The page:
Wednesday, June 28, 2017

State-by-state rural roads fatality report released

(Oregon Public Broadcasting photo)
A state-by-state report of traffic fatalities on rural roads released Tuesday finds that deaths on rural roads are about 2.5 times higher than on urban roads.

The study, prepared by the nonprofit traffic research group TRIP, shows that South Carolina, California, Kentucky, Mississippi and Montana are the top five states, respectively, with the deadliest rural roads. Researchers measured fatalities as a rate for every 100 million miles traveled on rural, non-interstate roads.

Some states, particularly in the West, have large populations that are heavily centered in cities, which leaves vast, sparsely populated rural areas. One such example is Nevada, which ranks sixth in the report. "Statistics can 'appear skewed when the majority of Nevada roads lie outside of urban areas,'" Nevada Transportation Department spokesman Tony Illia told Ben Botkin of the Las Vegas Review-Journal.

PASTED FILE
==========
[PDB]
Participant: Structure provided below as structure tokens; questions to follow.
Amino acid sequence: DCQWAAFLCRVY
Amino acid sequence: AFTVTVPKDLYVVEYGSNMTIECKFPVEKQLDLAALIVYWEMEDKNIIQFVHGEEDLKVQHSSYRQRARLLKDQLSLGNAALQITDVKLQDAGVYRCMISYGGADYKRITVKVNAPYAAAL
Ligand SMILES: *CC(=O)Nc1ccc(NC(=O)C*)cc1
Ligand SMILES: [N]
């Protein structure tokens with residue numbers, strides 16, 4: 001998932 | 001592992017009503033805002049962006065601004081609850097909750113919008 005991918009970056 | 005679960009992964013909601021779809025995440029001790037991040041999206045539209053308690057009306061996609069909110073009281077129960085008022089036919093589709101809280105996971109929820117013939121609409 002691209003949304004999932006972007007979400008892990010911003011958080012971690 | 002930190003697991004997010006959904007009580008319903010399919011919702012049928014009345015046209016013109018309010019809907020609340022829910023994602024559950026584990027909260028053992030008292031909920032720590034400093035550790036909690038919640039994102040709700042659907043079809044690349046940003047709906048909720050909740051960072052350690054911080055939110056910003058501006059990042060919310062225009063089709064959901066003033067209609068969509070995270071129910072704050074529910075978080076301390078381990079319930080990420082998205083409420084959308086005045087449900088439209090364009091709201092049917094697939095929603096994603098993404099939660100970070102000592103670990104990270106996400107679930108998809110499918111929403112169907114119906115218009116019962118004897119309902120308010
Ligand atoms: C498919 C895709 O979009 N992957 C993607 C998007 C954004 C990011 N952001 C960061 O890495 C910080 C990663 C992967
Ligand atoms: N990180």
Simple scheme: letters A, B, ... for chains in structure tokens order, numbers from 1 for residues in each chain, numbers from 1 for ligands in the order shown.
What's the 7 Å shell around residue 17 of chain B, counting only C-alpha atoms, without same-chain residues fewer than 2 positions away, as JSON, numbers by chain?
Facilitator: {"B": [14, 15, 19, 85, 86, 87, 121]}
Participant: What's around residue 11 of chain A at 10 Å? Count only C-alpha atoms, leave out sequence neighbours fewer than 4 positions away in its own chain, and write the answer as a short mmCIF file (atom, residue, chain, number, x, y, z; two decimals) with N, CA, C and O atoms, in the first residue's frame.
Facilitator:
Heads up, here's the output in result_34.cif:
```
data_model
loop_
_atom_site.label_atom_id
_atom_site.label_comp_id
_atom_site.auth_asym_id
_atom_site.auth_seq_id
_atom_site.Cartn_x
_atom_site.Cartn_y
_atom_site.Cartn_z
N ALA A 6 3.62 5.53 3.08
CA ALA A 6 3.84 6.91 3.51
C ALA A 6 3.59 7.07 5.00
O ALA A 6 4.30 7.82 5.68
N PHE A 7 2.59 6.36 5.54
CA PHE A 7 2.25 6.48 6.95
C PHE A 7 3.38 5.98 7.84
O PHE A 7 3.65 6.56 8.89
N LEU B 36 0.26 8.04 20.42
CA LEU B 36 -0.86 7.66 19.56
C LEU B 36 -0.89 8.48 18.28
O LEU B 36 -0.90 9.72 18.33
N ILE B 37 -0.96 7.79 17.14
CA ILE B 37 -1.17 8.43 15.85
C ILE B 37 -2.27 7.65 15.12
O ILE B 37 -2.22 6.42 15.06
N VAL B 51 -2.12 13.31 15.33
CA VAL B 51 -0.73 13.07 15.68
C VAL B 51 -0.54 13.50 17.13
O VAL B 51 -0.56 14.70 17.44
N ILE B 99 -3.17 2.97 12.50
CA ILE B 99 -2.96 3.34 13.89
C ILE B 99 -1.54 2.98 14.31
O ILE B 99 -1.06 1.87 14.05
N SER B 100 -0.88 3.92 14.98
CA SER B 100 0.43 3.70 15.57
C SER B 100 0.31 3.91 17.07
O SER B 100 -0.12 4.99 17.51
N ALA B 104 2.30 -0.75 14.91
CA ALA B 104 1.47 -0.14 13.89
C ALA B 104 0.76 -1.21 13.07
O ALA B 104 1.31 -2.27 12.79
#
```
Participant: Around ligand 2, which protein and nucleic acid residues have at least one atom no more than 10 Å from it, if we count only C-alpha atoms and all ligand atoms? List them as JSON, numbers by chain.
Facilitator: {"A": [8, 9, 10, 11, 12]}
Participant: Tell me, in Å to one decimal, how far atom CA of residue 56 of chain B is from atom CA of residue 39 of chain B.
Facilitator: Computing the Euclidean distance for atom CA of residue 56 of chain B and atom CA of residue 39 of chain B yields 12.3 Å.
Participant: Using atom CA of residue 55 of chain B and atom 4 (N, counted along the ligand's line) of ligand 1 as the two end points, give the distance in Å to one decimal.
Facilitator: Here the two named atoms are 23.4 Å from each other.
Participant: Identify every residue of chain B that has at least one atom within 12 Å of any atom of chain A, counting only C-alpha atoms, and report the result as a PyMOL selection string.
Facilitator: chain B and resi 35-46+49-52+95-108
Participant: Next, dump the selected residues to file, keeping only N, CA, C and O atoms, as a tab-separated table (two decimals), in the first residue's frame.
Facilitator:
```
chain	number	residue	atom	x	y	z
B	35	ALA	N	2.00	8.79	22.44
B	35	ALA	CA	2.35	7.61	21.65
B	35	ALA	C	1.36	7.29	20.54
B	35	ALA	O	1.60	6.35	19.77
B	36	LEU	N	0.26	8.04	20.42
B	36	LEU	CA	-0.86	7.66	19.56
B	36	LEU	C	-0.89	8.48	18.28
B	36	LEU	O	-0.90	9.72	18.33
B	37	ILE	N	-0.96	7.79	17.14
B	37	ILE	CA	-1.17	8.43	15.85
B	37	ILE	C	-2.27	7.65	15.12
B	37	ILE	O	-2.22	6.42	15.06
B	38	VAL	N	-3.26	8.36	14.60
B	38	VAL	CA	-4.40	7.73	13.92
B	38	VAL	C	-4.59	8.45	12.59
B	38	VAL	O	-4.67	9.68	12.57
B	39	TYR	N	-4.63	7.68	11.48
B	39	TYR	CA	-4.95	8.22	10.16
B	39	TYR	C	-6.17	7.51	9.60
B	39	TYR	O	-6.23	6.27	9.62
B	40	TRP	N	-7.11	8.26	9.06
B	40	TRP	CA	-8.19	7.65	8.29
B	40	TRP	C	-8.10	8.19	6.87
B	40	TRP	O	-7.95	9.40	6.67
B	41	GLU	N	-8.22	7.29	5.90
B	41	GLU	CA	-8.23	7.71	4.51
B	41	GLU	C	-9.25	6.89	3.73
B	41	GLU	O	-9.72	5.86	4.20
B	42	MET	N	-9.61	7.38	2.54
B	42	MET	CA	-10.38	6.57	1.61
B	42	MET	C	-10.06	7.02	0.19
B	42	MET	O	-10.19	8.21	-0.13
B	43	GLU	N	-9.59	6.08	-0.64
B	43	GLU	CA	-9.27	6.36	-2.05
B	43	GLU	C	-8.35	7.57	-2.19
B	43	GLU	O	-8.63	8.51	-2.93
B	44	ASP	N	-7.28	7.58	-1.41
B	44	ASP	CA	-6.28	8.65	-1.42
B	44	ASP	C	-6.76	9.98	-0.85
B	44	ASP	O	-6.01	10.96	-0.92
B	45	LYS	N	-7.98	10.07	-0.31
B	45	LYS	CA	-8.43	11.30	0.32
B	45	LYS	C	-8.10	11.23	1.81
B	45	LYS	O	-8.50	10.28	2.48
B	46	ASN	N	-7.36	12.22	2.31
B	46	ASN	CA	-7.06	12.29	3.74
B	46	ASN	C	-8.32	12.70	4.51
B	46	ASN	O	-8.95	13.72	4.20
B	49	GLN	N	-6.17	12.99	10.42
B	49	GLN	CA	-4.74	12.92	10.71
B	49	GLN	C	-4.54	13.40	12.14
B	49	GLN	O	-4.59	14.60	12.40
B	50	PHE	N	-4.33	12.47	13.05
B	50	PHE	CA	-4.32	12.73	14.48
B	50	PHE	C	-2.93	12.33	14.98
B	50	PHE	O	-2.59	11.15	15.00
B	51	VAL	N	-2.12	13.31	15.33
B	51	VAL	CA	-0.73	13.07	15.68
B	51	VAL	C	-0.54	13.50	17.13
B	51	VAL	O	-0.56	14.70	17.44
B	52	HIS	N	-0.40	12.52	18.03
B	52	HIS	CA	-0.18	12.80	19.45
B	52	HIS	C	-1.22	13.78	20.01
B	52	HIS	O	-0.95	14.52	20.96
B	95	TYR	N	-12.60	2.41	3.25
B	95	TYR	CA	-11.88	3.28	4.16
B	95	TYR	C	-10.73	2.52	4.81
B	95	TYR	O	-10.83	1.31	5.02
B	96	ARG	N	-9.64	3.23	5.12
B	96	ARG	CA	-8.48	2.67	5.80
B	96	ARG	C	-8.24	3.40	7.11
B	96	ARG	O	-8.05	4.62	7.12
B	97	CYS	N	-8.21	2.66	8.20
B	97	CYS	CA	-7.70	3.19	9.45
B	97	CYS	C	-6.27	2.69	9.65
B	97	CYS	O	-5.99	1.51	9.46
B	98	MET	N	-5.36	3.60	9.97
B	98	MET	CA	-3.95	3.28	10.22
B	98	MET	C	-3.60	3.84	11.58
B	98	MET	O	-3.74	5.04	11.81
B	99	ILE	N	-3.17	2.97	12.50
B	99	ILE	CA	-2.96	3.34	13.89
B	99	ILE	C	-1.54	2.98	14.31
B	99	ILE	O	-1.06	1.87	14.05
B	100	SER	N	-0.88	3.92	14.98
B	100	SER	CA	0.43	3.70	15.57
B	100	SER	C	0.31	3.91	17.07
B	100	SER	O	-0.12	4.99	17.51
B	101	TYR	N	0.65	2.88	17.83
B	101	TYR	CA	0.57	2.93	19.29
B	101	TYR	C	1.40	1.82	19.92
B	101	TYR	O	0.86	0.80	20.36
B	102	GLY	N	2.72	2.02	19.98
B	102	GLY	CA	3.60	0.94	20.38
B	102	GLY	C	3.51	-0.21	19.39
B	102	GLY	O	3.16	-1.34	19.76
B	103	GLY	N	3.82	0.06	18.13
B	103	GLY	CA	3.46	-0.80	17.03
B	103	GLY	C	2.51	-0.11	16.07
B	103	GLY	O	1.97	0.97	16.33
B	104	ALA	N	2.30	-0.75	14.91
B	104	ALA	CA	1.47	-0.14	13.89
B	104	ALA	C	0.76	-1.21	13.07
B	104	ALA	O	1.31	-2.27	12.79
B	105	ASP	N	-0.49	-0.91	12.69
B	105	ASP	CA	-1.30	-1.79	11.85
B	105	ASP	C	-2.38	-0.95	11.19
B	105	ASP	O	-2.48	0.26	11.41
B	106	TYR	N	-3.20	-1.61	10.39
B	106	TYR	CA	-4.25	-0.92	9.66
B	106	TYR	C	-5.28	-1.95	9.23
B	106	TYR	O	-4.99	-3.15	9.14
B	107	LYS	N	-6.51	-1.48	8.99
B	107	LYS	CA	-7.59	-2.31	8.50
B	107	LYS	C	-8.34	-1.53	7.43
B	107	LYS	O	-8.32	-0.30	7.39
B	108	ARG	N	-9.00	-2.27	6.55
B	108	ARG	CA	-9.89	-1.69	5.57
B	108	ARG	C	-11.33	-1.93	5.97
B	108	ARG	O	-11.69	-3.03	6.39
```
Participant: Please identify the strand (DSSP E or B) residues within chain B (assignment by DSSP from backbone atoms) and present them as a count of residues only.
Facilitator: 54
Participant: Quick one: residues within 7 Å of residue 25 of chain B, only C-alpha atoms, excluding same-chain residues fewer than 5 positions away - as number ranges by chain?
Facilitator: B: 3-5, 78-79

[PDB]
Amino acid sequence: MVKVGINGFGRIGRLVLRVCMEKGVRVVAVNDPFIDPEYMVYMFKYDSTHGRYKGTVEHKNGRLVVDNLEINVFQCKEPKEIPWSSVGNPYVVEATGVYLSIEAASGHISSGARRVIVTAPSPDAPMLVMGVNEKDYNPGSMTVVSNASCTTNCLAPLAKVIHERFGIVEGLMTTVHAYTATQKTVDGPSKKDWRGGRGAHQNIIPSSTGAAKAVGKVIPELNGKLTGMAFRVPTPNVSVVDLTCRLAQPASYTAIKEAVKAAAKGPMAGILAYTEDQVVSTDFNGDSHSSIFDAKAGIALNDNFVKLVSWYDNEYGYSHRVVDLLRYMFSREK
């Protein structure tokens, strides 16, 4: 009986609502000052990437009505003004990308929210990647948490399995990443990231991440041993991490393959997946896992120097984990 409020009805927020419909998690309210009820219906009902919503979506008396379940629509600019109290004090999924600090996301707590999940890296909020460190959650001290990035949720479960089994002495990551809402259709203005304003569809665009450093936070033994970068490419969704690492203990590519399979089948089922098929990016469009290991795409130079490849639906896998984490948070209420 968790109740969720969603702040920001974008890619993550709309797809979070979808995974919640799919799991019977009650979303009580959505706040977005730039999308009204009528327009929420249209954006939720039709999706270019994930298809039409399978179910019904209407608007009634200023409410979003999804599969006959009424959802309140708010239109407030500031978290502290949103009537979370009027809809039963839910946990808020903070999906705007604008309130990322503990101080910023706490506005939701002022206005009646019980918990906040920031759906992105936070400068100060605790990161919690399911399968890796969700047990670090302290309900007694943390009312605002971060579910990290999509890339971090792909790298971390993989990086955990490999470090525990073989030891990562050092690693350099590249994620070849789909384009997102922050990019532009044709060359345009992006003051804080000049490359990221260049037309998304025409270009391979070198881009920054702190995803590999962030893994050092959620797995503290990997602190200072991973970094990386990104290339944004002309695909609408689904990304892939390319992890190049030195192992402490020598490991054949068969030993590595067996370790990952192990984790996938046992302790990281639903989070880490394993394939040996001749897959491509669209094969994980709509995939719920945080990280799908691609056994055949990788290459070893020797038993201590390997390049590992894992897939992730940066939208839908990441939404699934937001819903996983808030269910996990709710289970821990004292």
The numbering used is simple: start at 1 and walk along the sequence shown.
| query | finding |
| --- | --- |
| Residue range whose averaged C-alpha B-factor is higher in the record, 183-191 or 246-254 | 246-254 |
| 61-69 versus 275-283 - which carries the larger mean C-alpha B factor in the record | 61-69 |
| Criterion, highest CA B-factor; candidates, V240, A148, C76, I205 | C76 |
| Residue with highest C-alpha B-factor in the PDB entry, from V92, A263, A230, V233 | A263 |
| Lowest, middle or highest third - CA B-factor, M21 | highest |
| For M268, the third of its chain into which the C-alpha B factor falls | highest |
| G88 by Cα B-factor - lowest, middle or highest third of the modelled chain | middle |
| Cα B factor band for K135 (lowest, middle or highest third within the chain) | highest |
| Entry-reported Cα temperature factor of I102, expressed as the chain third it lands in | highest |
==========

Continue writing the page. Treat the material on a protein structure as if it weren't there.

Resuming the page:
"Clark County (Las Vegas) now accounts for two-thirds of the state's population," Illia told Botkin. "As a result, one or two fatal crashes along rural roads can suggest a disproportionate trend. However, there is a great distance between major urban areas across the state, which covers a whopping 110,577 square miles. Nevada is the country’s seventh-largest state by real estate but ranks 42nd in density. Rural drivers are subsequently susceptible to weather, wildlife and fatigue, among other things."

The report also warned that the nation's rural transportation system needs improvements to boost safety and increase economic opportunities, Botkin writes.

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